• Contact your U.S. Senator now. The Senate is taking up the American Health Care Act (AHCA). Contact your U.S. Senator now. Senator Bill Cassidy and Senator John Kennedy can be reached at (202) 224-3121. Select option “1”.
    • Subscribe to Louisiana Center for Health Equity newsletter. Stay informed about healthcare advocacy efforts and the work of LCHE partners. Go to http://www.healthcareeveryone.org/ and subscribe. The Louisiana Center for Health Equity is a nonpartisan non profit IRS tax exempt public charity 501(c)(3) organization. LCHE works to address the increasing disparities in health and healthcare across Louisiana. LCHE represents the interest of health equity by promoting the elimination of health disparities caused by poverty, lack of access to quality healthcare and unhealthy environmental conditions with a focus on health and wellness.

    By Alma C. Stewart, R.N., M.S
    Founder and President, Louisiana Center for Health Equity
    Convener, Campaign for Healthcare for Everyone – Louisiana
    Host, “Today’s Health Topics,” a weekly radio show on WTQT 106.1 FM.

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    Responsibility rests with Cassidy, Kennedy to stop health care bill

    “Today’s vote is deeply troubling news for hundreds of thousands of Louisiana families who struggle to afford health coverage or who suffer from pre-existing medical conditions. Congress rushed its vote on the American Health Care Act without getting an independent analysis of its impact from the Congressional Budget Office. That means we have no idea how much worse the bill has gotten, or how many people would lose coverage,” wrote Louisiana Budget Project director Jan Moller on the passage of the American Health Care Act.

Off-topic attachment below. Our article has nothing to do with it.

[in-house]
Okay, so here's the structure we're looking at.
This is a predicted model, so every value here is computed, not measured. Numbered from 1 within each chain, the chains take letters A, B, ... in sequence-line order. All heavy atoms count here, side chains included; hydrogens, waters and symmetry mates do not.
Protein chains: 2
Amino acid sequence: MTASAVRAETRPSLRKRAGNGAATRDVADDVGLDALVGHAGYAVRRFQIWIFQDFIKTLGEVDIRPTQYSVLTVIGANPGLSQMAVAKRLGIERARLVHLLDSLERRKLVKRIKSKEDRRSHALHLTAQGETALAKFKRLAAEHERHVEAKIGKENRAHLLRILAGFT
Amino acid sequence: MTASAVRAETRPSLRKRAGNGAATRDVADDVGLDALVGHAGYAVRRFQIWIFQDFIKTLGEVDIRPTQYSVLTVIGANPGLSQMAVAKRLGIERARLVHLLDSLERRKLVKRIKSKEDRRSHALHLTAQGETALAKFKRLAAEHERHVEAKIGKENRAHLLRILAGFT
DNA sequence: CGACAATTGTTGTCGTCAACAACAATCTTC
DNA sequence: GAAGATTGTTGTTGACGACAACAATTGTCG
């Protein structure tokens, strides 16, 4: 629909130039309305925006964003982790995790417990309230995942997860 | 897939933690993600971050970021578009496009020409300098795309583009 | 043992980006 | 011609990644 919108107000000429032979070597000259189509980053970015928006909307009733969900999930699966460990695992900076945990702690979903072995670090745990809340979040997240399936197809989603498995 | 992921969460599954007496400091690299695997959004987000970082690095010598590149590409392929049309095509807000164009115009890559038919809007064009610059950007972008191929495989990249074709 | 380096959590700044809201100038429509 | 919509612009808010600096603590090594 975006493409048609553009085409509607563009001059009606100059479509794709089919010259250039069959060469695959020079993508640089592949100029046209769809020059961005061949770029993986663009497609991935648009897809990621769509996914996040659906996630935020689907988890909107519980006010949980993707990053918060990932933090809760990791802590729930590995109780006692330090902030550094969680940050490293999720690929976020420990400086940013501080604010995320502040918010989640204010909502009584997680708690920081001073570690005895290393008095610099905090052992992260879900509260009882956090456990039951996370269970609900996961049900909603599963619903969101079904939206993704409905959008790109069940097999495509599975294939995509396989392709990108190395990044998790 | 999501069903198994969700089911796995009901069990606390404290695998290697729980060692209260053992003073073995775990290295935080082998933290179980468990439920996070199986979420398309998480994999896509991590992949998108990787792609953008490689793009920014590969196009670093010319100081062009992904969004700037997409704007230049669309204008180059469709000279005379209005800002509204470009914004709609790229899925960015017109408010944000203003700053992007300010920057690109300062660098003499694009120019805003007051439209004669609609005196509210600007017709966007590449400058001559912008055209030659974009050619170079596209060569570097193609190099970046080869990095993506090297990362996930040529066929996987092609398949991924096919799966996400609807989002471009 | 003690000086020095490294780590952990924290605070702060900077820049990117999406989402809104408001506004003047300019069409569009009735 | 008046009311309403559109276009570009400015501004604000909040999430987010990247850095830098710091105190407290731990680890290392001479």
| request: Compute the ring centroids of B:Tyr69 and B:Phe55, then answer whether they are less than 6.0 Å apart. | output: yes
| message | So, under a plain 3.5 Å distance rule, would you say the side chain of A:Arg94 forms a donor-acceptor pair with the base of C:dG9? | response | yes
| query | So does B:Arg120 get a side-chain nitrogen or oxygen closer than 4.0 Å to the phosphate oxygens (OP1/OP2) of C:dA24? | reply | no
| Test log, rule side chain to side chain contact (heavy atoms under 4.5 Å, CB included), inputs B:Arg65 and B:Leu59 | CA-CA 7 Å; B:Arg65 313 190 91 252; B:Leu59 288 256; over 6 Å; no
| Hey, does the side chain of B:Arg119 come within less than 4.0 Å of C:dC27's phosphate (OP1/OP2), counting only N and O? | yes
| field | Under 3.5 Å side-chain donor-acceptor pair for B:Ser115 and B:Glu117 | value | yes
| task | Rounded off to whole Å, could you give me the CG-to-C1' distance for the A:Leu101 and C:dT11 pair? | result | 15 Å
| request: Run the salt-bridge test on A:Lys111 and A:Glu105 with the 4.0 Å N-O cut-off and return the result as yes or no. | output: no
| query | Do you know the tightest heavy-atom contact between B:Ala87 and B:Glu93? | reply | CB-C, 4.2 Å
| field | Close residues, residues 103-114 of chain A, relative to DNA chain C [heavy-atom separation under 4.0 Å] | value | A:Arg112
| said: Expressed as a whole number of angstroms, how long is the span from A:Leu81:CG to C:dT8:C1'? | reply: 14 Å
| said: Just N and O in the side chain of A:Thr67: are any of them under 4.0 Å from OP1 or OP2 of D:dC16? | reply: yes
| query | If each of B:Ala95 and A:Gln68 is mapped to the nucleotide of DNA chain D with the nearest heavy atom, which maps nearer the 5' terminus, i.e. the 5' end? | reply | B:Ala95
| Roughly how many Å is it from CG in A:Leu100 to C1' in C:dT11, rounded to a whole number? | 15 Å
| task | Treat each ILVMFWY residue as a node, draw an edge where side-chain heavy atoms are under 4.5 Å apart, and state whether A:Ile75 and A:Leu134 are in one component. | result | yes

He added:

    What we do know is this: At a minimum, the bill would strip coverage from 24 million Americans - including 466,500 in Louisiana - over a decade. It would decimate the Medicaid program by cutting $800 billion, and increase pressure on the state budget to make up the lost revenue. It would strip away legal protections for people who suffer from pre-existing medical conditions such as cancer or diabetes, resulting in premium hikes that would make coverage unaffordable for those who need it most.

    The Affordable Care Act is not perfect, but it has been a godsend for Louisiana patients and the state’s economy. It has pumped billions of dollars into Louisiana and brought the state’s uninsured rate to a record low.

    It’s critical to remember that the AHCA is not yet law. The responsibility now rests with Sens. Bill Cassidy and John Kennedy to stop this bad bill, and work to strengthen the historic health care progress that’s been made in Louisiana.